Is Your Childs Gaming Behavior Destructive?

The World Health Organization released its updated International Classification of Diseases and named video game addiction as a diagnosable disease. Officially called “gaming disorder,” the condition is marked by situations in which playing digital games has interfered with an individual’s schoolwork, career, social life, or home life. While not everyone who plays video games develops this addiction, the WHO classification is marked by symptoms common to all types of addition.

The Symptoms of Gaming Disorder

As a new classification, it may be difficult to be recognize a gaming addiction, especially considering the broad definition provided by the World Health Organization. While WHO defines the condition as allowing gaming to interfere with one’s daily life and leading to negative consequences, the American Psychiatric Association is hoping to pigeonhole the illness a little better.

The APA has released a diagnostic criteria that is much more refined. The drafted diagnostic definition, which may appear in the next edition of the Diagnostic and Statistical Manual (DSM), lists a series of symptoms. In order for a diagnosis of gaming addiction to be applied, the individual must exhibit at least five of these symptoms:

  • An obsession or preoccupation with digital games
  • Exhibiting withdrawal symptoms, when not playing internet games
  • Building a tolerance, requiring the individual to spend more time playing
  • One or more failed attempts to quit or reduce gaming time
  • Loss of interest in other activities
  • Continued use of games in spite of recognizing negative consequences
  • Lying to family or friends about gaming activities
  • Playing games to alleviate anxiety or guilt
  • Gaming has sabotaged relationships, or has caused strain in relationships

Treating Gaming Addiction is Still Ambivalent

As a new disorder, there’s still much research to be done on the nature of gaming addiction, particularly in how it will be treated. Dr. Andrew Saxon, who holds a chair on the APA’s Council on Addiction Psychiatry, said there hasn’t been enough research completed in the area of treating this type of addiction. While some have studied the phenomenon, their recommendations should be considered preliminary and may change as new studies are conducted.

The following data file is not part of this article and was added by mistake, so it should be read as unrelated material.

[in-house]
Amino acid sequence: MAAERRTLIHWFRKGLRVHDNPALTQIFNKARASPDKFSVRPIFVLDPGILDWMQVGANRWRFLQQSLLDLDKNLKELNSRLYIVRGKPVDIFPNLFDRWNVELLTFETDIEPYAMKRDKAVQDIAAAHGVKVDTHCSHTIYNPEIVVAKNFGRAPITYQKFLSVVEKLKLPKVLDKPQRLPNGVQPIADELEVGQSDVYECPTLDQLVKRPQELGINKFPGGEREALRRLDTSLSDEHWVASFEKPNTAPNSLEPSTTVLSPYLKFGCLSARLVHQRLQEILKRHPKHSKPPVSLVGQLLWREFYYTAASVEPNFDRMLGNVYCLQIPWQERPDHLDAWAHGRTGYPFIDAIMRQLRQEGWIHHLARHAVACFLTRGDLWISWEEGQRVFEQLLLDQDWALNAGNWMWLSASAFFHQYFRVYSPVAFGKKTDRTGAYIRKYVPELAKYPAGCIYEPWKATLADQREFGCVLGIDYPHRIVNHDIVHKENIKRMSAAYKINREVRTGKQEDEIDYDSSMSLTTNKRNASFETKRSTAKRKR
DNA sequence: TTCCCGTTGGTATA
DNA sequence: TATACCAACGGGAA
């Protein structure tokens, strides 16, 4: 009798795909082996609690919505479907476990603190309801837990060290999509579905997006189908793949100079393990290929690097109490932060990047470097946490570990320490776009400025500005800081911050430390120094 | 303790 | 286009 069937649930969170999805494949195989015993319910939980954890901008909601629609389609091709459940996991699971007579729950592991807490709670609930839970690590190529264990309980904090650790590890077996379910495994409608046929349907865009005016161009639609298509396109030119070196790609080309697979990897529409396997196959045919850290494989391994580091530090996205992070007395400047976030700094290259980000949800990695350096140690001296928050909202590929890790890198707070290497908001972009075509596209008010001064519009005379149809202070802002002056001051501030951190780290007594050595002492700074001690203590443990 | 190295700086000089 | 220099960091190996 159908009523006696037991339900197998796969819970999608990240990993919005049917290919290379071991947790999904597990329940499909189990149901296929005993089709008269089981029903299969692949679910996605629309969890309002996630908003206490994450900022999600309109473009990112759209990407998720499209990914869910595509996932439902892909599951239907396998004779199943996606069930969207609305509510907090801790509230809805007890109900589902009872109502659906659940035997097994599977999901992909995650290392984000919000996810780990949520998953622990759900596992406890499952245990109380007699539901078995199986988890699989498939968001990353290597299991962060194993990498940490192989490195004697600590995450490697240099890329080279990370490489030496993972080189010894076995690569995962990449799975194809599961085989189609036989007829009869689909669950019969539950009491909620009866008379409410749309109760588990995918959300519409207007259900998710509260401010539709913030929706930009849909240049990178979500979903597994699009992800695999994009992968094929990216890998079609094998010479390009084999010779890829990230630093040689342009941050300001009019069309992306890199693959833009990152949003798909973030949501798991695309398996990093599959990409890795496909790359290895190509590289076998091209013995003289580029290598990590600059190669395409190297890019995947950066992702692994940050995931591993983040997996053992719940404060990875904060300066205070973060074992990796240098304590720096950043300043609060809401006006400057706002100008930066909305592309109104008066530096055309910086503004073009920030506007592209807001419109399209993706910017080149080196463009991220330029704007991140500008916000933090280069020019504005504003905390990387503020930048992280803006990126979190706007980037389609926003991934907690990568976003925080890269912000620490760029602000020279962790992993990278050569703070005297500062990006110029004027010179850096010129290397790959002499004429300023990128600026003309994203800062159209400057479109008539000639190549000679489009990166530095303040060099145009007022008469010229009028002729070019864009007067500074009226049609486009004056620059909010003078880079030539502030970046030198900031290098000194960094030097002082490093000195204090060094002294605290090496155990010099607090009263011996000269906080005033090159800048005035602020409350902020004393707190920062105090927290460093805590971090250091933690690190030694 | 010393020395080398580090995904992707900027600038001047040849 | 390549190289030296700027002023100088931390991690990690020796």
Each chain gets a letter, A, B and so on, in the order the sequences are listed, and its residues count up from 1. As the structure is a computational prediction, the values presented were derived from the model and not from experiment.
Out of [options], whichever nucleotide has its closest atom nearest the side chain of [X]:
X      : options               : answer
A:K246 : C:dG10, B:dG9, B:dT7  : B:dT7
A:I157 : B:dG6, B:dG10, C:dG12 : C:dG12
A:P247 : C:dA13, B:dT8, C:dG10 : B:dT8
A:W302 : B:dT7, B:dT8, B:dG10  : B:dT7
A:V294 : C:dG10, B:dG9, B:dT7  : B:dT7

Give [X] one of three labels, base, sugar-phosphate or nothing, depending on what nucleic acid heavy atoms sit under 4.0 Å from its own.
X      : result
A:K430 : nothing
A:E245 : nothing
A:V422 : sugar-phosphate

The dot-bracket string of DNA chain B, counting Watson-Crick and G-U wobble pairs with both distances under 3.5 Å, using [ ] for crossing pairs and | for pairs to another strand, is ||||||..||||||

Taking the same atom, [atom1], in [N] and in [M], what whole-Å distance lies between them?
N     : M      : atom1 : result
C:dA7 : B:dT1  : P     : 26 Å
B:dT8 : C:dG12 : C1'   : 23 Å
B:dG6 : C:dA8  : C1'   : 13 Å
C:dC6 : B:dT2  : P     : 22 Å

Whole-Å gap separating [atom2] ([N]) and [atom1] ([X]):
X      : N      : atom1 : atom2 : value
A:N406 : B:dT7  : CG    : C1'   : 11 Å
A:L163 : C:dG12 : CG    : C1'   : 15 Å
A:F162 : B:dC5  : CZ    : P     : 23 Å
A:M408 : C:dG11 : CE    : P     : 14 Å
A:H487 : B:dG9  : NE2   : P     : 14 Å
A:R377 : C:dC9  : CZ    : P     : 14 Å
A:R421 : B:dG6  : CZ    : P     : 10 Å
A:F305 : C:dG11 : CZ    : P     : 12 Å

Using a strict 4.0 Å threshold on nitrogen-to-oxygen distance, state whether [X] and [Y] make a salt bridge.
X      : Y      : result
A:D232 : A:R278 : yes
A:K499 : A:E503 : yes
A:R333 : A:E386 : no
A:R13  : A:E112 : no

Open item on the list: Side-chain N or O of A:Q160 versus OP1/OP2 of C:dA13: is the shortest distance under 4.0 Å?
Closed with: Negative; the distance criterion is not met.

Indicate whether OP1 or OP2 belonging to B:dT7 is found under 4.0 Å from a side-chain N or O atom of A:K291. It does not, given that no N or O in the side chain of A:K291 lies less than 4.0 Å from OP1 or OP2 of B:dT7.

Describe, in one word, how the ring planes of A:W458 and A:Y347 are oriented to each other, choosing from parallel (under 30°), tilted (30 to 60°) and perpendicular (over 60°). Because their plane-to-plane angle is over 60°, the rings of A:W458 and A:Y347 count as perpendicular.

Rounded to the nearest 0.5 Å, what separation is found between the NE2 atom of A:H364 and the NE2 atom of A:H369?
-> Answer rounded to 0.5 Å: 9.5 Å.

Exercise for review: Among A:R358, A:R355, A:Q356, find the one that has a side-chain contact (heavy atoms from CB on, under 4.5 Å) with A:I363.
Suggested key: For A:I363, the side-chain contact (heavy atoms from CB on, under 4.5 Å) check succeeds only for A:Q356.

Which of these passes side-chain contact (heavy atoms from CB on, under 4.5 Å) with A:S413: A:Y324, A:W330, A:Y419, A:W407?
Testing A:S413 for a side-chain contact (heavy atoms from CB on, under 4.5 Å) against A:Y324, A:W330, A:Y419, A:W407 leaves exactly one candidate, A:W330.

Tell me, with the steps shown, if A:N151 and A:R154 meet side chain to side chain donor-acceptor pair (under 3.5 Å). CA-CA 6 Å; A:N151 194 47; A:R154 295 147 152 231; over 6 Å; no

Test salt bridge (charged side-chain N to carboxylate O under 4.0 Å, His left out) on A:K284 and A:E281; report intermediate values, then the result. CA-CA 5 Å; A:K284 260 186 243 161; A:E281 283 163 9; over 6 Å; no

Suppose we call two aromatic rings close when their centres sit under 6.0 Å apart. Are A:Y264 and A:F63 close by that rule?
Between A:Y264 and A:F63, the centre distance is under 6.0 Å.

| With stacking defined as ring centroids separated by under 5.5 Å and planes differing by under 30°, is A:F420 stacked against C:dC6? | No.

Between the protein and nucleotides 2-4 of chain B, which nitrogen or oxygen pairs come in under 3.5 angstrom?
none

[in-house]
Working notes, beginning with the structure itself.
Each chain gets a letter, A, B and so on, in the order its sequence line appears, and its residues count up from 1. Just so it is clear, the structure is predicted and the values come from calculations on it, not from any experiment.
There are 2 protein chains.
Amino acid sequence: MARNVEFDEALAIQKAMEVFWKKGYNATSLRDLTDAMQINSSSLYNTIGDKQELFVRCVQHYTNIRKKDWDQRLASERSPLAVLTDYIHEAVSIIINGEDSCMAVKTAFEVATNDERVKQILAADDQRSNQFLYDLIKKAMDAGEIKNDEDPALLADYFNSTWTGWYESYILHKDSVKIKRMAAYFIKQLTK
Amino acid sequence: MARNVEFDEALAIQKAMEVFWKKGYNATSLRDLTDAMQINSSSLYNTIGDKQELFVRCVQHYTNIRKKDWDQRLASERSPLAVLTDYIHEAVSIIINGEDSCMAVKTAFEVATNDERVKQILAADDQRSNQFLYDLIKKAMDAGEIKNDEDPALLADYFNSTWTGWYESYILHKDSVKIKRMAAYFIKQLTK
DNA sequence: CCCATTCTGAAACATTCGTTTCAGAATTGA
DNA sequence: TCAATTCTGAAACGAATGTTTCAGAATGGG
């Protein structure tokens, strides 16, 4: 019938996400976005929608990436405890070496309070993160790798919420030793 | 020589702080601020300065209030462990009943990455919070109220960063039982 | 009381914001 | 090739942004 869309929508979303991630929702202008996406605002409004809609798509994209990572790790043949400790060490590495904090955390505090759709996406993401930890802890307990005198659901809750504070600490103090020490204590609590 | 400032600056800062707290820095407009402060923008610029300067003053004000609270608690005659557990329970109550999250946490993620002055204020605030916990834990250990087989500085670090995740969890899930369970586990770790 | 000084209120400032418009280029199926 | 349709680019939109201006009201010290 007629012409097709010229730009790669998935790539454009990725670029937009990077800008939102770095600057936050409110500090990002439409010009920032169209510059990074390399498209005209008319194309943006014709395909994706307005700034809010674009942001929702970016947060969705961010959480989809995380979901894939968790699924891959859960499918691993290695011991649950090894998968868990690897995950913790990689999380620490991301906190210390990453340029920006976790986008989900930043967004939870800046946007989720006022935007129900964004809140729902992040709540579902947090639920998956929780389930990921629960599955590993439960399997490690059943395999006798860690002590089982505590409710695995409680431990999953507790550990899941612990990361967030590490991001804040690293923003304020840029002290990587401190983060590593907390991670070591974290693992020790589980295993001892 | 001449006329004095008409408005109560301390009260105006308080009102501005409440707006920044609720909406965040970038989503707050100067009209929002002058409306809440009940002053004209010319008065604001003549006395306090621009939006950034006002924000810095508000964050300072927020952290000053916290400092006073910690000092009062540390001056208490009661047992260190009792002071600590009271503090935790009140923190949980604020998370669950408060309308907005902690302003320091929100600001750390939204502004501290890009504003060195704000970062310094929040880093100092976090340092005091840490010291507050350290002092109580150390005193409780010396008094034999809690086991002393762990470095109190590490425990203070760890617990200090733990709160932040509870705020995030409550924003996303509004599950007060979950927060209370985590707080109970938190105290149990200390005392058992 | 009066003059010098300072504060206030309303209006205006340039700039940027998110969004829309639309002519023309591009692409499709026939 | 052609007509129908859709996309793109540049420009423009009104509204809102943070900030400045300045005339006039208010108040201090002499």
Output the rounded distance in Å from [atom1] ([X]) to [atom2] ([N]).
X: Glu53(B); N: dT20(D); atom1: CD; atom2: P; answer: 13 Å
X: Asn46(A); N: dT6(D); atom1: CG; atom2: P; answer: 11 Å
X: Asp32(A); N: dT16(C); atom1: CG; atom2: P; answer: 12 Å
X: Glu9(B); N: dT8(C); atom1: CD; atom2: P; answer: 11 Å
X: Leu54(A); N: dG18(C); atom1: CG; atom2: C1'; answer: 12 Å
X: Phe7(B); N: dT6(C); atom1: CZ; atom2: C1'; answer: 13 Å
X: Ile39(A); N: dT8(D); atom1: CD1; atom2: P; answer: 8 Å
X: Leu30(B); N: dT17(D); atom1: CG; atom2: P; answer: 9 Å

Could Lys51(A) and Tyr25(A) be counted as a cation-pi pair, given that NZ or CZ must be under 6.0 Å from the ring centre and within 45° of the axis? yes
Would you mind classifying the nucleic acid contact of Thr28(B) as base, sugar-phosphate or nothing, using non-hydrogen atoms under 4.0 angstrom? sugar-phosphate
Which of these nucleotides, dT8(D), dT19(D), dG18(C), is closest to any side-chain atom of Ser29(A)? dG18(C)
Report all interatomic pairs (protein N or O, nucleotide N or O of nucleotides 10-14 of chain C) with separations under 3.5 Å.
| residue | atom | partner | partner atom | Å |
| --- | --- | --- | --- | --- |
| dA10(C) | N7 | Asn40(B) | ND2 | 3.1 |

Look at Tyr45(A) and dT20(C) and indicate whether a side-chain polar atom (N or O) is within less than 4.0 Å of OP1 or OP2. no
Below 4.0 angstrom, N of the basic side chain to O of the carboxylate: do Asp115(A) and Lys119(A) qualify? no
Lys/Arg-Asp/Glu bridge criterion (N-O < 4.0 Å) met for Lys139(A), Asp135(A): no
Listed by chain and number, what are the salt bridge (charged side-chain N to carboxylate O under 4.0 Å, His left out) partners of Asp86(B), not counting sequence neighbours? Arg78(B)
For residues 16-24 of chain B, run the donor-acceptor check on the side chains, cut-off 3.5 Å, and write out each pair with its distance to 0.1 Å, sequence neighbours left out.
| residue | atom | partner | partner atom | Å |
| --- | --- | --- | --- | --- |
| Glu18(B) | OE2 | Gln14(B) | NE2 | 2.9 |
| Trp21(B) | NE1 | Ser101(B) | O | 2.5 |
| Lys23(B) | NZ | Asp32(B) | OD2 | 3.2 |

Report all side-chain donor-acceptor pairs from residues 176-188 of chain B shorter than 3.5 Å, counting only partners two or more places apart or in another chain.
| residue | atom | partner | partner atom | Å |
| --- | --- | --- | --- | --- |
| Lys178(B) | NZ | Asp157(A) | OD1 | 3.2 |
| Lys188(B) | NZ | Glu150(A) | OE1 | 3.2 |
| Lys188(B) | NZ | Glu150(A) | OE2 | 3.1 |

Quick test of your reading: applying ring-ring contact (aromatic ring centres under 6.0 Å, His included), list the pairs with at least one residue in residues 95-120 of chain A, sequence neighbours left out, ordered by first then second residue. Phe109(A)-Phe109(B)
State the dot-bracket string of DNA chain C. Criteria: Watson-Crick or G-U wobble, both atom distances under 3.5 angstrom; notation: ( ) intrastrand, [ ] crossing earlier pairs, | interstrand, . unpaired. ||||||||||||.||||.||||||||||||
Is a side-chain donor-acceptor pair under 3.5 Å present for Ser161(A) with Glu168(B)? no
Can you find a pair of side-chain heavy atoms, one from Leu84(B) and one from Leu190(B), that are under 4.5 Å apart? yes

Dr. Petros Levounis of Rutgers’ New Jersey Medical School Department of Psychology says cognitive behavioral therapy has shown benefits in some patients. The therapy requires that the individual admits the problem, so strategies for resistance can be developed and implemented. He added that psychotherapy and traditional therapy can also benefit individuals suffering from gaming addiction.

The problem with diagnosing gaming addiction is that playing video games isn’t seen as a destructive behavior. For that reason, those participating in the activity may be reluctant to recognize a problem. Even where the gaming results in negative consequences, such as failing a grade in school or losing a job, the individual may not connect their gaming habit to those consequences.

Gaming Addiction and the Brain

Dr. Saxon points out that people who have pre-existing mental illnesses are at a higher risk of developing gaming addiction. He adds that, if conditions like ADHD, depression, or anxiety can be treated, internet gaming disorder may be easier to treat as well. This may have something to do with the way that internet gaming affects the brain.

Research has been conducted to compare behavioral addictions to chemical addictions and the results have indicated that both types of addiction have similar effects on the brain. For instance, the desire to play a video game causes a reaction in the same portion of the brain that’s activated when drug users think about feeding their addictions. Similarly, the same region is also activated in compulsive gamblers.

Some researchers also believe prolonged internet gaming addiction has a negative effect on memory and other cognitive functions. In a 2012 study, the effects gaming had on the memory were similar to the way substance use affected memory in drug addicts. Overall, neurobiological mechanisms may be influenced similarly in internet gaming addicts, when compared to gambling addicts and in those abusing drugs or alcohol.

For this reason, the best help may come from facilities experienced in treating a number of established addictions. While WHO and the American Psychiatric Organization work on developing better definitions and treatment therapies, existing addiction facilities, such as Centered Health, can provide an efficient method of treatment. By helping individuals face their addiction through therapy and traditional treatments, Centered Health can help you and your loved ones confront internet gaming addiction in a compassionate and supportive environment.